I am always trying to think of great ways to save money on classroom crafts. Most kids--especially in the middle school range--love crafts. But quality crafting gets very expensive. This becomes especially true if you are shopping at the local craft store for each craft you plan. That doesn't even take into account that a large class size means way more craft supplies.
In this article, I would like to share what I have learned about great ways to save money on classroom crafts without sacrificing quality, but rather increasing it.
Over the years, I learned some great ways to save money crafting in the classroom. I found ways to do it without sacrificing on quality of the projects we were doing. These tips help with any classroom and any age.
But before I share those things I learned, let me give you some backstory.
Table of Contents
Every time I arrived at class and the kids started trickling in, they ran straight to the craft display area. they wanted to see what was new that they would get to work on. (They were also running in to see what the themed snack would be which was also on the display table! But that is a whole different blog post.) And the vast majority of the time, upon discovering what was in store for them, there were squeals of delight. Nothing makes a teacher more content than realizing you hit the nail on the head pleasing your students. They love what you have planned for them. And they have no idea the educational value that you have added to their fun.
I loved that they were so excited to come to Kids' Club. And several classes ran with more than 100% attendance because they would all come and some would bring friends and neighbors with them.
The Problem and a Solution
I have to admit, that excitement from the kids put a bit of pressure on me. I wanted to make sure that I planned activities that made them want to keep coming back (and bring their friends). But those activities also needed to be educational and point them back to the lessons they were learning.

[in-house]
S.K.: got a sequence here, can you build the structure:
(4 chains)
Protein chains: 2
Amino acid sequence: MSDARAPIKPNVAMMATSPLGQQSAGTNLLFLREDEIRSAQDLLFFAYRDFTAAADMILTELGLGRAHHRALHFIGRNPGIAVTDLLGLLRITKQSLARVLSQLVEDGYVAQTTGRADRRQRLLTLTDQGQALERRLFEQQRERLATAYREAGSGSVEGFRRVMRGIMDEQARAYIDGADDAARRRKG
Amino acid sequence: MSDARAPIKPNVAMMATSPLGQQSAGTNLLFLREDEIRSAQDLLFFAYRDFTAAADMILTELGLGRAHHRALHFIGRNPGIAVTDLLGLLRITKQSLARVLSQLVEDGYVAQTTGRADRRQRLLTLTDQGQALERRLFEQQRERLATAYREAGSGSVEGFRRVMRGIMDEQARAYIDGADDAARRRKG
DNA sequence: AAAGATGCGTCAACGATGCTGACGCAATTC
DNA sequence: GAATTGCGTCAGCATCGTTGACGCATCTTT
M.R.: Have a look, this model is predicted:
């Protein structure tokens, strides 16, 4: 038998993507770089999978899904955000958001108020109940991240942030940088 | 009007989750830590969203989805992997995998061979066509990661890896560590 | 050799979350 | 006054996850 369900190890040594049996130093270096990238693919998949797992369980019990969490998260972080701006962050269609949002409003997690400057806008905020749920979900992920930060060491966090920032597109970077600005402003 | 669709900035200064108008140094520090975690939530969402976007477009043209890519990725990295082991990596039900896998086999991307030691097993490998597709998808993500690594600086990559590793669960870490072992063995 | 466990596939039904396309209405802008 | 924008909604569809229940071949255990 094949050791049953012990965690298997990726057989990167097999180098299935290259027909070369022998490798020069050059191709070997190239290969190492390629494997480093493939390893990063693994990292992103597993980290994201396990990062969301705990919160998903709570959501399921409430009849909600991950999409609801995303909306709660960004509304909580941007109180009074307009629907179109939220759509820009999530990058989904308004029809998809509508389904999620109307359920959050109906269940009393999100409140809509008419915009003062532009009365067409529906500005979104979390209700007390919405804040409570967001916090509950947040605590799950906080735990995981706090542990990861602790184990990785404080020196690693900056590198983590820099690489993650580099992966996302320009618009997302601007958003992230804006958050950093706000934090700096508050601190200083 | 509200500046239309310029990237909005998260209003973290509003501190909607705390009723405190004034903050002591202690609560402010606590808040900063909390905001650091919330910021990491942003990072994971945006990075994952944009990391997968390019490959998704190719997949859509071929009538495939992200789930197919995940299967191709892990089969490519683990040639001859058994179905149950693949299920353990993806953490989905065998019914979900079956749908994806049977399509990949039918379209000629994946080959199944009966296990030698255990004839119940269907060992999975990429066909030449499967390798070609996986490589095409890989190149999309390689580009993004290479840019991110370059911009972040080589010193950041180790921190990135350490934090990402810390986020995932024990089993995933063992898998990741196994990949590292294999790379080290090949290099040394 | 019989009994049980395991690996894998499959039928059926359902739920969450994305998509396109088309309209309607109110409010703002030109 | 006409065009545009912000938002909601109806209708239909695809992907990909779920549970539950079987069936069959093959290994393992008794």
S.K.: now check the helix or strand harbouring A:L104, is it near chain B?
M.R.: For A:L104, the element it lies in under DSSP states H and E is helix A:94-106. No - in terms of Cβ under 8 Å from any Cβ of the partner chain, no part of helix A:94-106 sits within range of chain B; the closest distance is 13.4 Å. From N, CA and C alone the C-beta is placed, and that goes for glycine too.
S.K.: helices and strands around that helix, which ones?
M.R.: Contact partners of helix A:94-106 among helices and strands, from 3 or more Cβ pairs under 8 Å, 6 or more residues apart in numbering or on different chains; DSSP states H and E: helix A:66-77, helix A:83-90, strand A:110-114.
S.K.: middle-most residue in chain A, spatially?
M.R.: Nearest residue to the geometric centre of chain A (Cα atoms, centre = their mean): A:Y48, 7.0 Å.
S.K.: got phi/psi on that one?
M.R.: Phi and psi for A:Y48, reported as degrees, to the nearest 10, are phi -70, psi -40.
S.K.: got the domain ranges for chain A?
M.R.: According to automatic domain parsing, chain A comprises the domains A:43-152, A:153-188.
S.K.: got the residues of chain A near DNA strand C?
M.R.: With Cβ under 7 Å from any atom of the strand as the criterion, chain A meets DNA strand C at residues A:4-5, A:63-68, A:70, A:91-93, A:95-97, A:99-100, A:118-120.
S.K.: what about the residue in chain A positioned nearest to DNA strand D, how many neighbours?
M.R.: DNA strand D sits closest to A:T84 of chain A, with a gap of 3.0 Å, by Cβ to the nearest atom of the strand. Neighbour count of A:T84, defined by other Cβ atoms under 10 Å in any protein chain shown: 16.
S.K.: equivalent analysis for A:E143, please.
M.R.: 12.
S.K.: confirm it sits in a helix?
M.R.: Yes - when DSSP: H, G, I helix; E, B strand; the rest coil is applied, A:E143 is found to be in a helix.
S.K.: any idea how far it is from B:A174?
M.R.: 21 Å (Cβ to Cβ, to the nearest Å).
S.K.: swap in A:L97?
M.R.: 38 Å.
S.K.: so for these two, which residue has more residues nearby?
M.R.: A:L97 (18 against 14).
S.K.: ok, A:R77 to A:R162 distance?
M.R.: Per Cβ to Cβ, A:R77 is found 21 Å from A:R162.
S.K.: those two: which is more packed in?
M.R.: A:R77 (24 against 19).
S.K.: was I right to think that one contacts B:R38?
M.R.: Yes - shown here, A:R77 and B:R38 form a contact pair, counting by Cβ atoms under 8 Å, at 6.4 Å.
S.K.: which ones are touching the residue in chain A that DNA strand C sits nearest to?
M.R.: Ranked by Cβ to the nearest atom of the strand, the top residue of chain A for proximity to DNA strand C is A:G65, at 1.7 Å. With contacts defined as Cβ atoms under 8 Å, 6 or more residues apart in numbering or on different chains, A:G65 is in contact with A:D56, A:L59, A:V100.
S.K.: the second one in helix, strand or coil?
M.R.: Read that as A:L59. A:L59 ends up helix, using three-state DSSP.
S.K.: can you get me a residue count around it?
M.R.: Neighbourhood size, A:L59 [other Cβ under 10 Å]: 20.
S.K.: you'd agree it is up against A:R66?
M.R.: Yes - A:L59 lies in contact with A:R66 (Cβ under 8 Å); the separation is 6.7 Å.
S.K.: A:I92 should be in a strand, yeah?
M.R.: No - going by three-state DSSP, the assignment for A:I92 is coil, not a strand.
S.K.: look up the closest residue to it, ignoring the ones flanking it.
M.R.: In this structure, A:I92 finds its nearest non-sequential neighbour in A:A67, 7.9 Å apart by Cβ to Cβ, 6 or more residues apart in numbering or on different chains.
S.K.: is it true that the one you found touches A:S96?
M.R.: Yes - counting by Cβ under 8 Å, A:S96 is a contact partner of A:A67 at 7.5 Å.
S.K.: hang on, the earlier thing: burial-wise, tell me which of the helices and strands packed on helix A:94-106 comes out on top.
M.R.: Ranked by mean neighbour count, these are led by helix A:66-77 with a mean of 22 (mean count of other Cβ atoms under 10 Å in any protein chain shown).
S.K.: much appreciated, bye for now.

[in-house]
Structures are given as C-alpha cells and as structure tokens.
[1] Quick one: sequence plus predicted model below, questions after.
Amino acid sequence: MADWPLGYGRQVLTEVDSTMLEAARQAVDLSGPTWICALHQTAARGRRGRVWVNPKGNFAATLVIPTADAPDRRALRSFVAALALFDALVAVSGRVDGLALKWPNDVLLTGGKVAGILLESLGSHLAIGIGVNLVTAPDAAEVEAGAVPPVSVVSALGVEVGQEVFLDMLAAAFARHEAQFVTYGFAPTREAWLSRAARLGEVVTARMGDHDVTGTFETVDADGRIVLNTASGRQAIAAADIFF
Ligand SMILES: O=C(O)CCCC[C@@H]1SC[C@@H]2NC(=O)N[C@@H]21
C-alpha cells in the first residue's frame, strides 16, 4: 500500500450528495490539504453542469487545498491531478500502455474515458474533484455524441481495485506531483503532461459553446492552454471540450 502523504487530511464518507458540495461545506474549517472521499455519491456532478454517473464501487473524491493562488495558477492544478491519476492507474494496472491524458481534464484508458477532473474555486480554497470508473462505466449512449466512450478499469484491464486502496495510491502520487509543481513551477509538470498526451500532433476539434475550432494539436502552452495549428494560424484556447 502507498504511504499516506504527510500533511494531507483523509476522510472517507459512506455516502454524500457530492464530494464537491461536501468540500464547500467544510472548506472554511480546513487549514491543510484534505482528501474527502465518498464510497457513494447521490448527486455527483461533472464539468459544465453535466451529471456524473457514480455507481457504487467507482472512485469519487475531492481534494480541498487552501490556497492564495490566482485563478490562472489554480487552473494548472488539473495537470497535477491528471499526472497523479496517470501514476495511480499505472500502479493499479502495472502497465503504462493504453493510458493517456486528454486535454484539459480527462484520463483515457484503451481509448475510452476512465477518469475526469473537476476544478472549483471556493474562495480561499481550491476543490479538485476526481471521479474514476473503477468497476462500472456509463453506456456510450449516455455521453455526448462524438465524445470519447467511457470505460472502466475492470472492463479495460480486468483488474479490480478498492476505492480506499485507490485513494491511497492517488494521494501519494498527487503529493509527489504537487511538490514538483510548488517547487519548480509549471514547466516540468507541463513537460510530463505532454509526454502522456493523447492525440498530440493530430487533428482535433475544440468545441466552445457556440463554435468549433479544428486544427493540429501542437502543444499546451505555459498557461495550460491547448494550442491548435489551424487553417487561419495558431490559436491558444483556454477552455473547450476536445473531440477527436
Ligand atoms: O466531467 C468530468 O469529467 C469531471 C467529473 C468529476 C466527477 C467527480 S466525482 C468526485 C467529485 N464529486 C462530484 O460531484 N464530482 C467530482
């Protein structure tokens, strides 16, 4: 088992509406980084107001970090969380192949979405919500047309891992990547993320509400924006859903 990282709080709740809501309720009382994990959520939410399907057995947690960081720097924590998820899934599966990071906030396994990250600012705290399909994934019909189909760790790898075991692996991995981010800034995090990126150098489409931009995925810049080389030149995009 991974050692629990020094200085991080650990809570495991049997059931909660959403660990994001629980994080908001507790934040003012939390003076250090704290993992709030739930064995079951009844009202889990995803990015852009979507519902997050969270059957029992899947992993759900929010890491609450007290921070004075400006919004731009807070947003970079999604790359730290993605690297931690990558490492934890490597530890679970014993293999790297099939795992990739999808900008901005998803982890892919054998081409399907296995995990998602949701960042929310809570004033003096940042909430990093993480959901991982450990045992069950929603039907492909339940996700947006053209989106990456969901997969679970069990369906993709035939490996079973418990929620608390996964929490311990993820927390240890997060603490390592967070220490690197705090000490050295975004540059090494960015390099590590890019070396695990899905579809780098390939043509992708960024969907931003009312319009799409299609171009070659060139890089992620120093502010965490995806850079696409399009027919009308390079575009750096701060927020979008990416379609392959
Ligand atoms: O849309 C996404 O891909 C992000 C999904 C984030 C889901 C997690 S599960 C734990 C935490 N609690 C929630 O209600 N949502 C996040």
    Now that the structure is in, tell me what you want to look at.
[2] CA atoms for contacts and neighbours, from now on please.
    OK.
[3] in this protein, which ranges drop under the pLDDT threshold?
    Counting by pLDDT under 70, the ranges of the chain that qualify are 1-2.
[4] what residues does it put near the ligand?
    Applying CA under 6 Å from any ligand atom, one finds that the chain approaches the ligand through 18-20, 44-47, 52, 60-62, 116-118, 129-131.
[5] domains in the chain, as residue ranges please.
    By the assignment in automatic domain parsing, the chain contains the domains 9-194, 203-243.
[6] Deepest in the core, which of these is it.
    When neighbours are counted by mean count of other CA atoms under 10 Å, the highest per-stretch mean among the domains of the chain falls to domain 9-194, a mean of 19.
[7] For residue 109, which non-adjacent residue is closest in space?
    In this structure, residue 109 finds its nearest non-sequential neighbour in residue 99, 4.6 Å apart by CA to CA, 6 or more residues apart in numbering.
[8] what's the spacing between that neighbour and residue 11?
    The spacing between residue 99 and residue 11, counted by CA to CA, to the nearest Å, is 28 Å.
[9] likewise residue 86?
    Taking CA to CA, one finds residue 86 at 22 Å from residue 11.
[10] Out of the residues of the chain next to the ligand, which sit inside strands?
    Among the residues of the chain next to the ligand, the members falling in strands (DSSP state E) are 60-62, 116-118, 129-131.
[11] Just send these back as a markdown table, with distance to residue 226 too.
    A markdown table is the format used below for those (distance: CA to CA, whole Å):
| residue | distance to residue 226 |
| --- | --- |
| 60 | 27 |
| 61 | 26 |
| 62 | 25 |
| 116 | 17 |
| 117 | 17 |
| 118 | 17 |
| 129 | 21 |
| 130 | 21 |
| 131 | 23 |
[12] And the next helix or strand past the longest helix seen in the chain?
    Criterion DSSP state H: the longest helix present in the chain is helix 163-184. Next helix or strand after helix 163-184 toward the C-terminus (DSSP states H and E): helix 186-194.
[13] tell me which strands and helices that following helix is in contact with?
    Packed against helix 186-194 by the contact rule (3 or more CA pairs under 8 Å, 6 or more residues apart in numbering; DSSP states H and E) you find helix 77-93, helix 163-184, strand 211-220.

So because of that pressure I spent hours weekly scouring the internet for the "perfect crafts and activities" for the kids to do. I learned, though, that the more I did this, the easier it became.
One of the problems I faced frequently, though, was that my ideas overspent the budget by quite a bit. But rather than throw out the idea I had (once I get an idea, I tend to be pretty driven about seeing it through to the end), I started trying to come up with ways to make those ideas affordable. Once I set my mind to it, it didn't take too long to figure it out. And over time, some of the things that I did became regular patterns in my crafting and activity planning.
So, after lots of years of late-night internet searching, shopping, and brainstorming, I can now share with you these 10 great ways to save money on classroom crafts.
And you can get to bed earlier knowing the work has already been done!
1. Dollar Store
I realize that I am preaching to the choir on this one. But it's probably the one thing that we are able to save the most with and still shop retail. I bought picture frames for stained glass projects that probably would not have been very impressive had they been for pictures on the mantle at home. But their frames looked amazing with the stained glass.
Flameless candles, craft supplies (be careful, some supplies can actually be MORE expensive at the dollar store than at other locations, such as Walmart, Dollar General, or Big Lots), vases and floral supplies, toys, party and wedding supplies provide really good options. These items work well for parties at the end of books as well as crafts and activities for the books themselves. Go into the store with an open mind and take your time. You will be surprised at the ideas you can come up with.
2. Thrift Stores
This one is a bit trickier than a retail option. You generally aren't going to find anything in supplies of up to 20 items or more of the same thing. The one exception to this is that a few thrift stores get donations from retail stores (like Target and Walmart). They will often donate items that didn't sell well to gain back some of the lost revenue. But the beauty of not getting the same exact item for everything is that the students generally don't have the same taste in the things they do. They will not have a problem with things that turn out looking a bit different. This rings especially true in the crafting arena.